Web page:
New Year's resolutions for OR nursing

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  • New Year's resolutions for OR nursing

    We hope 1975 will be a successful and happy year for each of you. For most of us, it is a time to reflect on the past year and plan for the future. We cannot erase the slate, but we can improve it. Because of this attitude and because it i s traditional, I am sure that many of you have made New Year's resolutions.

    How many of your resolutions affect your practice of nursing? May I suggest that the new year offers us an opportunity to resolve to take some concrete action to improve our professional practice? To begin this project we must first look back to OR nursing '74 and to the activities and direction of our national organization. In our own profes- sional situation, have we attempted to implement even one of the many improve- ments of nursing care in the OR suggested and developed by AORN? A few might include: Project Assistance offered by AORN

    Preoperative 1. Seminars visit 2. Numerous Journal articles program 3. "The preoperative visit" film

    available from Davis+Geck film library

    a Presided's message

    Orientation program for OR nurses

    OR nursing audit

    Technical standards in the OR

    1. Seminars 2. Congress program 3. Completed manual, avail-

    able from Headquarters

    1. Congress program 2. Journal articles 3. Audit tool developed by

    national committee

    1. National committee

    2. Standards to be developed established

    this year These are just a few of the areas of nurs-

    ing care that we, as committed OR nurses, can improve this year. How do we begin? By developing realistic, attainable, and measurable goals for 1975 for the upgrad- ing of OR nursing in our hospital.

    It is my belief that every registered pro- fessional nurse, as an independent practi- tioner accountable for her practice, must actively participate in the development of goals for all surgical suites. We must have goals to continue our growth as profes- sionals.

    As a staff nurse you may not think that you can influence the initiation of such projects. I believe that you can and must. At your next staff meeting, determine if there are nursing care goals for your de- partment. If there are not, ask why. Suggest a goal for 1975. Most OR nurses I know are vocal and active. Group interaction will

    AORN Journal, January 1975, VoE 21, N o 1 7

  • follow and your OR will be on the way to providing improved patient care, Remember, you are a professional and you will be held accountable for your actions.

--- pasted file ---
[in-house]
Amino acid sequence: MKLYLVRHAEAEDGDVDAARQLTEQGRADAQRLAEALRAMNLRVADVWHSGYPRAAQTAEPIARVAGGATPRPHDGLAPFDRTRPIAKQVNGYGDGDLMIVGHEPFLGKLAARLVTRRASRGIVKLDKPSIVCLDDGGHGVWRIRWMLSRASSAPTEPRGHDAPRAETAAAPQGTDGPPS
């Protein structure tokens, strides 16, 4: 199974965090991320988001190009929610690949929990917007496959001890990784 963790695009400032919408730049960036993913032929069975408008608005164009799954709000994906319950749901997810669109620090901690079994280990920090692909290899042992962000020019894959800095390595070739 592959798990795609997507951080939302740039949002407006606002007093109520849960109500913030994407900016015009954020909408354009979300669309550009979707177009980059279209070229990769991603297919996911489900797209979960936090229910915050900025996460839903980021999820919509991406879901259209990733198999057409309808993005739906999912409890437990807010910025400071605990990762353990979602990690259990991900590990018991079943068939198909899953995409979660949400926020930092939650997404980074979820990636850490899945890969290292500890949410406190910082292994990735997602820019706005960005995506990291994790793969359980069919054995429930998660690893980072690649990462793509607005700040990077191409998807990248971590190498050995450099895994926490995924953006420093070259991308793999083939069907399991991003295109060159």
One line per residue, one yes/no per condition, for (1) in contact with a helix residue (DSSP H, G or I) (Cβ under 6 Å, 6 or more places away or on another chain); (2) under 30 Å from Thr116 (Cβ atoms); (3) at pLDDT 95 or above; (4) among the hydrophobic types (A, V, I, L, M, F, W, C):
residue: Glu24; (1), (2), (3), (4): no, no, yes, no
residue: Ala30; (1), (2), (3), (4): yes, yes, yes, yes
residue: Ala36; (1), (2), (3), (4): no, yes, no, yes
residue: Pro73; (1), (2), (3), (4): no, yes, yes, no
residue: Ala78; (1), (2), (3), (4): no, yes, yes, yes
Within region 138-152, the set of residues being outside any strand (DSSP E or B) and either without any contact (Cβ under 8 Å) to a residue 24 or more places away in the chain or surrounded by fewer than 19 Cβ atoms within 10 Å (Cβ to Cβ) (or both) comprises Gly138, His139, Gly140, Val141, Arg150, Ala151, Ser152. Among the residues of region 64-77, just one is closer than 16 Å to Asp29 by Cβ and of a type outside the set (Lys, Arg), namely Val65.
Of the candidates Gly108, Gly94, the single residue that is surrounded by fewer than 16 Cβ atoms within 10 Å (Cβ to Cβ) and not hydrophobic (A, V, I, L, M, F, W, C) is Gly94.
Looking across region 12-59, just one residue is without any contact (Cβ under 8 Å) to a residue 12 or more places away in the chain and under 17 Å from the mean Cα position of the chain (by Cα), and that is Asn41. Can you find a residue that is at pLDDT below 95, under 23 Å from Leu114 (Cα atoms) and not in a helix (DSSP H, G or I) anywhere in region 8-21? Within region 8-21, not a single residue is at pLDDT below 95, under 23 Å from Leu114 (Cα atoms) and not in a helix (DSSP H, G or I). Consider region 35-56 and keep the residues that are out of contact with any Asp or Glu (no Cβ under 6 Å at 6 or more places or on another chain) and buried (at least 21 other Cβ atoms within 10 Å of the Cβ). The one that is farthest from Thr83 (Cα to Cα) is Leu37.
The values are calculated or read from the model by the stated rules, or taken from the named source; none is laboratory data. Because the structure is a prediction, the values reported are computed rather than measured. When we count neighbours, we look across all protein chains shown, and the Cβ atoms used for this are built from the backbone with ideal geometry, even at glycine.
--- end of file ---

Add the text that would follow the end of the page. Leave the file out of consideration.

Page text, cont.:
Goals must be realistic and measurable. Written nursing care goals with quarterly progress reports demand more action than those simply talked about and forgotten. -he goals and progress reports should be communicated to the OR staff quarterly. If ufter three to six months everyone realizes yhat a goal i s unrealistic, do not hesitate to

    retreat, revise, and resubmit a new, more realistic goal. Do not waste time trying to attain the unattainable. Be honest.

    OR nursing care on the national level can take giant steps forward in 1975 if every OR nurse resolves to develop and work toward a t least one specific goal to improve her professional practice this year.

    The New Year has just begun.

    Nancy Erf i , RN Vice-president

    Board of Directors

    Congenifal defects fopic af instifufe "A quality of life," a topic dealing with congenital defects, was presented for about 100 nurses and student nurses from New York, New Jersey, and Maine a t the regional institute presented by AORN of Upstate New York in Rochester, NY.

    Philip L Townes, MD, PhD, reviewed chromosome characteristics explaining dominant, recessive, and unexpressed gene activity in his speech on "Principles and application of human genetics." The detection of genetic disease was discussed by James A Durfee, MD, and cytogenetics was the subject presented by Prof Mary Pat Pennel, medical technologist at Monroe Community College.

    Two controversial films from the Joseph P Kennedy Foundation were shown concerning treatment of retarded children a t birth and later in life. "Who Should Survive" was the story of a child born with Down's syndrome and duodenal atresia who was given no supportive care as a result of the decision of parents and doctor. "Bertha" told of a borderline retarded teenager the state wished to make unable to conceive.

    "A look at hemophilia" was discussed by Robert H Breckenridge, MD; S Ross Mackay, MD; and Sarah Davis Day, RN, MNP. The presentation by Robert R White, MD, on

    intestinal malformations and duodenal problems in newborn was geared to OR nurses in that he showed slides and discussed the surgery involved in treatment. Thomas Rodenhouse, MD, explained the pathology and showed slides of hydrocephalia, spina bifida, and meningomylocele.

    Questions from the audience were answered by Dr Rodenhouse, Rev Robert Clark and Eric Renna, MD, who participated in a panel on "Right to live, right to die." Surgical repair of genetic defects was presented by Charles Line, MD, who spoke on reflux problems and Joseph D Kepes, MD, who discussed repair of the cleft lip and cleft palate. A second panel on care of the abnormal newborn from birth was given Gary Meyers, MD, and three nurses from the Birth Defects Clinic at Strong Memorial Hospital, Rochester.

    8 AORN Journal, January 1975, Vol 21, N o 1